The second initiative petition on the Massachusetts ballot has to do with ranked choice voting. Ranked choice voting can come in different shapes and sizes, and it isn’t the easiest thing to understand. In general, instead of voting for just one person, one can vote for three or more candidates, depending on how many are running.
- One possibility for ranked choice voting is that if none of the candidates receive at least 50% of the votes, all but the two leading candidates are eliminated and the votes received by the eliminated candidates are distributed among the two remaining candidates according to voters preferences. This ensures that one candidate achieves a majority and is declared elected.
- Another possibility for ranked choice voting is that if none of the candidates receive at least 50% of the votes, the bottom candidate is dropped, and there is a virtual run-off with the remaining candidates. If none of the candidates then receive 50%, the process is repeated.
The way it would work in Massachusetts, if this initiative were to pass, is the latter of these two options.
To demonstrate with a very concrete example: the 4th Congressional District in Massachusetts is the congressional district that I grew up in, but I know longer live there. Since 1972 it has been represented by three legendary progressive congressmen: Robert Drinan, Barney Frank, and Joe Kennedy III. In 2020 Joe Kennedy gave up this seat and decided to challenge Senator Ed Markey in the Democratic primary, a challenge which he lost. There was a bevy of candidates who wanted to replace him, and by the time we got to the primary there were nine candidates on the ballot (although two had technically withdrawn).
The primary candidates were by and large quite progressive, but there was one candidate, Jake Auchincloss, who was much more moderate. He is a former Marine, and former Republican, and also a former political organizer for GOP Governor Charlie Baker‘s 2014 campaign. Auchincloss just barely squeaked by against his more progressive challengers, an outcome that is very unlikely if we would have had ranked choice voting. See below:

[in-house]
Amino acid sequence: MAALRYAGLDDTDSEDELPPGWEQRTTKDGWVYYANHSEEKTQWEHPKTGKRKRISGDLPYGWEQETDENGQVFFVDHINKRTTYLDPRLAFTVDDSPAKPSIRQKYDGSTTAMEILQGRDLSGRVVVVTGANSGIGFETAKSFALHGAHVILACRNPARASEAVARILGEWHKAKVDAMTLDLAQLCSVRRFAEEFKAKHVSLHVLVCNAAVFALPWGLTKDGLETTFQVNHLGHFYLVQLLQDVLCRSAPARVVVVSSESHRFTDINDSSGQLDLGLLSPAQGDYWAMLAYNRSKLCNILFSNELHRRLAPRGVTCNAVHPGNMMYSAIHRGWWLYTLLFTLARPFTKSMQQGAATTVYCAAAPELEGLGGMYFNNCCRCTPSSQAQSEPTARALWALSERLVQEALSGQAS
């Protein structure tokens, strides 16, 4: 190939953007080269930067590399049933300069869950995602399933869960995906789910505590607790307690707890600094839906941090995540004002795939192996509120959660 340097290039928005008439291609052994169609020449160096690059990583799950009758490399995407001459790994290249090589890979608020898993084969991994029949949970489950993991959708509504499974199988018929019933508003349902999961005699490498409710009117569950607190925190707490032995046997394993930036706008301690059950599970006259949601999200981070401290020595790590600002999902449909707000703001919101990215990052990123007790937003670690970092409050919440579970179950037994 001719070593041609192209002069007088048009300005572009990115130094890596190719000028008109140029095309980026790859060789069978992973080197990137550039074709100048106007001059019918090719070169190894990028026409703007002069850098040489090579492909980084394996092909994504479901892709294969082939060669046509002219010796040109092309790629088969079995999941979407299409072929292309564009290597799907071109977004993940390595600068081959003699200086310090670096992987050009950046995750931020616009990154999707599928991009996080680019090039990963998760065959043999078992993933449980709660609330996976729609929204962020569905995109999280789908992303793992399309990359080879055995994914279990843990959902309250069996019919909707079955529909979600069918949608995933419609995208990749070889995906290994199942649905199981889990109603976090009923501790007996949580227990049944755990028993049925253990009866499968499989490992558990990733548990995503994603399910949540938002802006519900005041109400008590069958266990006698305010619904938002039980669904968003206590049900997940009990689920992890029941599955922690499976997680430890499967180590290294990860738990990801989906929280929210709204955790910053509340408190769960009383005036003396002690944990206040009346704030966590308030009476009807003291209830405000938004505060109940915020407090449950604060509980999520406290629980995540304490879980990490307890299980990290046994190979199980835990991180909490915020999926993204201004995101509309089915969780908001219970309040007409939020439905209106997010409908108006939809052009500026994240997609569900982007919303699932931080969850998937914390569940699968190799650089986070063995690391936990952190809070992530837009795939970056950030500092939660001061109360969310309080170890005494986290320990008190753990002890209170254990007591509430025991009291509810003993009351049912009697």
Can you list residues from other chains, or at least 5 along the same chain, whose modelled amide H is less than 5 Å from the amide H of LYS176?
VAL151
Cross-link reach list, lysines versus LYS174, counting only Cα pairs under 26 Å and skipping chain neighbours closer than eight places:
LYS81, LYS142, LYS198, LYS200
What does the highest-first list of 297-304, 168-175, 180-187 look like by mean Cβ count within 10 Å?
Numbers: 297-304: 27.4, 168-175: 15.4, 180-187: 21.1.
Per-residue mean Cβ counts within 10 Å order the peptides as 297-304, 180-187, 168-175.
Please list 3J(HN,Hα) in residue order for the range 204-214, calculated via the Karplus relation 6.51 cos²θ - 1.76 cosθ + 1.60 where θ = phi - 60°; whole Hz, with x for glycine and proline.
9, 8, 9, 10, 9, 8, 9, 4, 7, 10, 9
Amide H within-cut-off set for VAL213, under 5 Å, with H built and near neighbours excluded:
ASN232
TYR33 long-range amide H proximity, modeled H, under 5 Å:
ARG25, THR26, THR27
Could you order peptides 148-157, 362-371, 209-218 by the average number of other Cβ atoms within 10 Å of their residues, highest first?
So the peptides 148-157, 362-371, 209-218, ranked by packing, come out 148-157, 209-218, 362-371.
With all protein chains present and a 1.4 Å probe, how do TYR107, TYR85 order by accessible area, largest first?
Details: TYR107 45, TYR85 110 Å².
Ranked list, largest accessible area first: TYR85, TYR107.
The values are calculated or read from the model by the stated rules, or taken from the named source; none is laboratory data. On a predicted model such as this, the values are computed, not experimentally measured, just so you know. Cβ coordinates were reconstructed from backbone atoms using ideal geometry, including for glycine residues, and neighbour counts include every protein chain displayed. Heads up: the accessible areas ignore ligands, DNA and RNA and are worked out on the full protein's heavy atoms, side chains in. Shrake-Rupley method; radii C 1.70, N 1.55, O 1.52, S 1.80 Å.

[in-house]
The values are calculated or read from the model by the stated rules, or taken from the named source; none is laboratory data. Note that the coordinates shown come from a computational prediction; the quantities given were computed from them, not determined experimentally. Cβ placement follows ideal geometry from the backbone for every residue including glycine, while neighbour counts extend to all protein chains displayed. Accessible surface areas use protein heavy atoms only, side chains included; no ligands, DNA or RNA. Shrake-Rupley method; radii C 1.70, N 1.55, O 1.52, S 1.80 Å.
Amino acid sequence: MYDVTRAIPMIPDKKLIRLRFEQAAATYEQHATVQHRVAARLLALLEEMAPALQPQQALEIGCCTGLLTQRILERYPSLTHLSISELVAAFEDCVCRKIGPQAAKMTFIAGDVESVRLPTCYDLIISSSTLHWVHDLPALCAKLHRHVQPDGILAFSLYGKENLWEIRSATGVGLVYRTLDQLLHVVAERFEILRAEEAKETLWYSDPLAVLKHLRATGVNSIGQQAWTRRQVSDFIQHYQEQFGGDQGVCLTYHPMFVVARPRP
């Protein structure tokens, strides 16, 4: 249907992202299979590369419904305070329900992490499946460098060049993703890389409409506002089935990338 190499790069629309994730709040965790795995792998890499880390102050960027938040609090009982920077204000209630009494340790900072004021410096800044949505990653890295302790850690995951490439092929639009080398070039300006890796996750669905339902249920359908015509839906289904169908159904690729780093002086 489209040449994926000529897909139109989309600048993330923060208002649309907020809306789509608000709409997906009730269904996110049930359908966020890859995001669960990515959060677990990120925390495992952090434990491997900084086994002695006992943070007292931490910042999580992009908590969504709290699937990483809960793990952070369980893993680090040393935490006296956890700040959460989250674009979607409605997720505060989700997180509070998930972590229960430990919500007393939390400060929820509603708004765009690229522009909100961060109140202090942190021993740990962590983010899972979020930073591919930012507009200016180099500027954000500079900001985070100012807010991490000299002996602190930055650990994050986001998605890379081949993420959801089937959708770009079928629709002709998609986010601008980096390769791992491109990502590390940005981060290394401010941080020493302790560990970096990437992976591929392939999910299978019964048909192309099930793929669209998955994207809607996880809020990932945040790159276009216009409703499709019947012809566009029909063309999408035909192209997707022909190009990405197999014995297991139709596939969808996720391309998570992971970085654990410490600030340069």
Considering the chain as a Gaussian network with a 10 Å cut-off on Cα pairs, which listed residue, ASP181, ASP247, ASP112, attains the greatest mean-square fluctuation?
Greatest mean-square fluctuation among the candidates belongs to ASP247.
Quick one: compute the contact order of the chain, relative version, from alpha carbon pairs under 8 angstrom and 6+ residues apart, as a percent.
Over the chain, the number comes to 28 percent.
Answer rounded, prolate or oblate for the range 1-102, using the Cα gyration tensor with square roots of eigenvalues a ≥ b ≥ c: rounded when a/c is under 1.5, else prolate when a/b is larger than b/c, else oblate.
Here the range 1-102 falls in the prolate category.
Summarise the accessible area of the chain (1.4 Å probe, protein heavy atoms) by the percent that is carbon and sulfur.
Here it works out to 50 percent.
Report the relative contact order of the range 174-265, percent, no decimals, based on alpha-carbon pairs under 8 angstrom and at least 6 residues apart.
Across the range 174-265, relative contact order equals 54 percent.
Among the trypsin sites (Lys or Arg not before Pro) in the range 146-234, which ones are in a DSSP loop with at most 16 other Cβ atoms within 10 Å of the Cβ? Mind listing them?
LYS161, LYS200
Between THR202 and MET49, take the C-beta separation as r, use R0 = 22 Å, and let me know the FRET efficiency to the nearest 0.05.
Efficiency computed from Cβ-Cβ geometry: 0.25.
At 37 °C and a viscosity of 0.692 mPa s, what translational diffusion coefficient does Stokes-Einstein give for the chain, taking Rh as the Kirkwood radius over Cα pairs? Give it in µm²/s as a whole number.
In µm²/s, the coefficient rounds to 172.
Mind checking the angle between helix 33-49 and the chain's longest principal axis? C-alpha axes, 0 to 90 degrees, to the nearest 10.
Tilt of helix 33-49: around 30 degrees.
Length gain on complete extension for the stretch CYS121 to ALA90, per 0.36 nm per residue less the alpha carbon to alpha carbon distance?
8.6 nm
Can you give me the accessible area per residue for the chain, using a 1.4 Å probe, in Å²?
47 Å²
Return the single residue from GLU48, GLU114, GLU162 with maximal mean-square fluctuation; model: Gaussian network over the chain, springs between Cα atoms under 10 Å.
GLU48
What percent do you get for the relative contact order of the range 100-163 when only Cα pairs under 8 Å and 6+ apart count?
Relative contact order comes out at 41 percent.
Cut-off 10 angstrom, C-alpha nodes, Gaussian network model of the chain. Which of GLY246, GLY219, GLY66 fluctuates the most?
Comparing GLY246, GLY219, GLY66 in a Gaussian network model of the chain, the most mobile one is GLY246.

|Chris Zannetos (Unofficially withdrew)||3.3||5,091|
|Dave Cavell (Unofficially withdrew)||1.6||2,472|
Now, if I were still living in the 4th Congressional and we had ranked choice voting, maybe I would have voted for Jesse Mermell, Becky Grossman and Alan Khazei.
- In the first round of voting, clearly no one would have come close to 50%.
- Ben Sigel, Dave Cavell, Chris Zannetos, Alan Khazei, Ihssane Lackey, and Natalia Linos would have been eliminated in successive rounds of virtual voting.
- With Jake Auchincloss, Jesse Mermell and Becky Grossman left standing, it’s still not clear that anyone would have reached the 50% threshold. Let’s say that Grossman is eliminated at this stage.
- The last round would then have been a contest between Auchincloss and Mermell, who likely would have won because more people would have included her as a secondary choice.
Given that the 4th Congressional is probably the most progressive district in the very progressive Commonwealth of Massachusetts, Mermell would be much more in keeping with the overall political sentiment of the voters of the district than Auchincloss.
So, this is a very concrete example of how ranked choice voting can more fairly reflect the will of the voters.
I should also note that the proposal is being opposed by the Massachusetts Fiscal Alliance – whose directors I have done some work with – and the Fiscal Alliance is a conservative anti-tax group here in Massachusetts.
|For these reasons I recommend voting “Yes” on Question #2|
 The district has traditionally been centered in Brookline and Newton, but since the redistricting of 1980, it added several districts in Norfolk and Plymouth county.
 I’m not saying this is whom I would have voted for, this is just a hypothetical. I don’t know the candidates well enough, because I no longer live in the district.